What comes to mind when you think of prescription drug abuse? Do you cast your mind back to the latest celebrity accidental overdose, or do you think of university students popping ADHD meds so they can cram for exams? Would you think of a lovely middle-aged lady from the English countryside?
Probably not, but that doesn’t mean that she isn’t popping prescription pain killers with her gin and tonic and enjoying her evening high.
Prescription drug abuse is a growing problem in the UK and the US, but it’s not received the attention that illegal drugs get. Yet. There is a growing movement in both countries to recognize the seriousness of the problem and to come up with possible solutions.
The UK health minister, Anna Soubry, says that the blame for the problem rests, more or less, squarely on GPs’ shoulders (telegraph.co.uk). It’s ever so much easier to write a prescription than it is to spend time with a patient to get to the root of the problem, which may be entirely different from the symptoms, and to discuss alternatives to drugs.
Soubry says that GPs have been overprescribing tranquilizers, sleeping pills, and anti-anxiety pills for decades. According to Public Health England, the result of this long-term over-prescription is now becoming evident in the number of people over 40 years old who have admitted that they have drug abuse problems.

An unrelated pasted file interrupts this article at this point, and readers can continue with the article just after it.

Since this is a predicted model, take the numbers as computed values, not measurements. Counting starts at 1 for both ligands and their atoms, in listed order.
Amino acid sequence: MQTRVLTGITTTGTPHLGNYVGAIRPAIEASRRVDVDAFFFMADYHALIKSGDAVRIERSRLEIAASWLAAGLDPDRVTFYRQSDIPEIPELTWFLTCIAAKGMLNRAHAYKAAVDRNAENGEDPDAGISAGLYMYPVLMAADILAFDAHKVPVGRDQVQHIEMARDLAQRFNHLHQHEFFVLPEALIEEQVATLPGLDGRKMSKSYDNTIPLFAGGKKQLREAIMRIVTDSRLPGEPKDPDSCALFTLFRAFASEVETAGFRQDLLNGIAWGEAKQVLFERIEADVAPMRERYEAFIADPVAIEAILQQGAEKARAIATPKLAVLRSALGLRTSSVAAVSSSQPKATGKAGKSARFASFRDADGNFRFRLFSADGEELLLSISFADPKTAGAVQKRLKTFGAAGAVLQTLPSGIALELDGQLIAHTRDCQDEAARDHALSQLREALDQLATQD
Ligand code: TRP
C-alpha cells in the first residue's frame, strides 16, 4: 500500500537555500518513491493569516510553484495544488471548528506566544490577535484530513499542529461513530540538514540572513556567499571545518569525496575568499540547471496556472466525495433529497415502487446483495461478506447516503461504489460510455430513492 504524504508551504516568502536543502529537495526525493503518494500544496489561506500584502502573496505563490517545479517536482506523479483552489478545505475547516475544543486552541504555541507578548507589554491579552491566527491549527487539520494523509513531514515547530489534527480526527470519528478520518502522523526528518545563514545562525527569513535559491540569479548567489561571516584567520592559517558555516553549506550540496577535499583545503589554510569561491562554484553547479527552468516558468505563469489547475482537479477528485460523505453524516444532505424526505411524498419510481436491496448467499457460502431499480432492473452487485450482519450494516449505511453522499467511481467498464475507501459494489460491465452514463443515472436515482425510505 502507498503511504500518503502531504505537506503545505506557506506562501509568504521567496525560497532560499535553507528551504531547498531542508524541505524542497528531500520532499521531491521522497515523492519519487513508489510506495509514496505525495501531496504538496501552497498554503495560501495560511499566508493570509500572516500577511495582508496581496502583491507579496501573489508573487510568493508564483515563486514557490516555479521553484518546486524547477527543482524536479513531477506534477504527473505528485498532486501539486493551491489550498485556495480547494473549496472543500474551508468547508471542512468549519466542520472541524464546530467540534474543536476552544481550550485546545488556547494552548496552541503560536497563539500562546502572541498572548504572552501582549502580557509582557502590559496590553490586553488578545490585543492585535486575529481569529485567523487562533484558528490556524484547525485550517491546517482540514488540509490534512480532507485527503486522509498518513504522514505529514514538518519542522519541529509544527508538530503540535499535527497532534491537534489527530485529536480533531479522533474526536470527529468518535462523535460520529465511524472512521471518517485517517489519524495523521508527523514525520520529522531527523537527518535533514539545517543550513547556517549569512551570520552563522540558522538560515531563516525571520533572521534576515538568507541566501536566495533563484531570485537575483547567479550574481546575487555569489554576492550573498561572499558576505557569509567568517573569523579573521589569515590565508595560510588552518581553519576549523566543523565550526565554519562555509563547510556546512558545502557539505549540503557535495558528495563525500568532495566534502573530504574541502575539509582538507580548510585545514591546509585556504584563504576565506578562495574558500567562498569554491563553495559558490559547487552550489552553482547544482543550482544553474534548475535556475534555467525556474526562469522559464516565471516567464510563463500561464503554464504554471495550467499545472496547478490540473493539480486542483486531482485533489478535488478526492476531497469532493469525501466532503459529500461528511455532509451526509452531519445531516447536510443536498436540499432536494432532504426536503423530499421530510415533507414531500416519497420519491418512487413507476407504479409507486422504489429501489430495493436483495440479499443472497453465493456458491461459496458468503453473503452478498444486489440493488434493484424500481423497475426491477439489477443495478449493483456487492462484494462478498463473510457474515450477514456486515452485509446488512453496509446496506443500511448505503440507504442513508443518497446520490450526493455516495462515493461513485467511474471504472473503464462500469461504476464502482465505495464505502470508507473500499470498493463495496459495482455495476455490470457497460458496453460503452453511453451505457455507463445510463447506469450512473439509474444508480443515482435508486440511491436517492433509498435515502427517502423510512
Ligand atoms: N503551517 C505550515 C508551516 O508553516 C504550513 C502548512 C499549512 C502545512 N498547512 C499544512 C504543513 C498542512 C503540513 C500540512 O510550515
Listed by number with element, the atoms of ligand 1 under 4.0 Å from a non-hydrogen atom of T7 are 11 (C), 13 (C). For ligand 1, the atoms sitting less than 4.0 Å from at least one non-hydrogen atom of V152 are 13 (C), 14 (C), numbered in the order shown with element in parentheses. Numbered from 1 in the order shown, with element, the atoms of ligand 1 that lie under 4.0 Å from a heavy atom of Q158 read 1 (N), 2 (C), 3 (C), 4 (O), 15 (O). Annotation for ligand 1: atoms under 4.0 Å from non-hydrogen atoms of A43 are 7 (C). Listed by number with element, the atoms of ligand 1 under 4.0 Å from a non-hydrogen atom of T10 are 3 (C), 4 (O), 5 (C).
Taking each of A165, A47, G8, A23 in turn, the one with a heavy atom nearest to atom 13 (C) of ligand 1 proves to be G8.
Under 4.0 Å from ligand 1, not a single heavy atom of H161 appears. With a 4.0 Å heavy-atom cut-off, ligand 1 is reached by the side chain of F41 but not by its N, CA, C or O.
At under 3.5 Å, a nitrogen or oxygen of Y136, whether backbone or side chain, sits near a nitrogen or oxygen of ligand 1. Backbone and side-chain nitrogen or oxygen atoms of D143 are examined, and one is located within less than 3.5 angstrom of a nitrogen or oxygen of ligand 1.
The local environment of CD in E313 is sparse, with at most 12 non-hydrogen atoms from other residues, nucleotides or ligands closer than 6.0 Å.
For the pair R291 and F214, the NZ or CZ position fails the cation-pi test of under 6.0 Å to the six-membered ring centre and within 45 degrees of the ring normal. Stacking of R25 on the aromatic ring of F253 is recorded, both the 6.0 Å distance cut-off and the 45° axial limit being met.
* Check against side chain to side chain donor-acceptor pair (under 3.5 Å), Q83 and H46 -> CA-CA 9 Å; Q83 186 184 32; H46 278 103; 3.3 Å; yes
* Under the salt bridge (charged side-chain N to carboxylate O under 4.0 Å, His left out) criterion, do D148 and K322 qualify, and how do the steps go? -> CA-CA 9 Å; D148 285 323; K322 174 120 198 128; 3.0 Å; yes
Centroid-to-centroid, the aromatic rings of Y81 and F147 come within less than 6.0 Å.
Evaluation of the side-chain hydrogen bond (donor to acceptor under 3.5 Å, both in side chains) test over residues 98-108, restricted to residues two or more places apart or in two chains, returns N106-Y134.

The most common drugs, at least in the over-40 age group, are anxiety-related. Considering that anxiety and depression-related disorders are becoming increasingly common, one shudders to think what the statistics will look like ten years from now.
Dailymarkets.com has published a press release that cites a study conducted by Quest Diagnostics prescription drug abuse. According to the study, three in five US citizens misused prescription drugs in 2012.
It’s important to note that misuse is not the same as abuse. Misuse includes combining one or more prescription or non-prescription drugs, and even includes not taking drugs that have been prescribed.
It seems that the situation in the US is almost the opposite of that in the UK, as students are considered most at risk of prescription drug abuse. It’s so bad, in fact, that ex-president Bill Clinton has said that prescription drug abuse is one of the biggest problems among college students (that and debt). As one might expect, the real problem is that students are mixing prescription drugs with alcohol, which, as we know, can be a deadly combination.
Students also abuse drugs that they think will help them study for longer hours and improve their memory.
It’s important to bear in mind that because prescription drug abuse is a hidden addiction, we’ll never get an accurate picture of the problem. What we do know is that it affects all age groups, from students to grandparents. We also know that it needs strong action, the likes of which are applied to illegal drug abuse. Unfortunately, we’re not there – yet.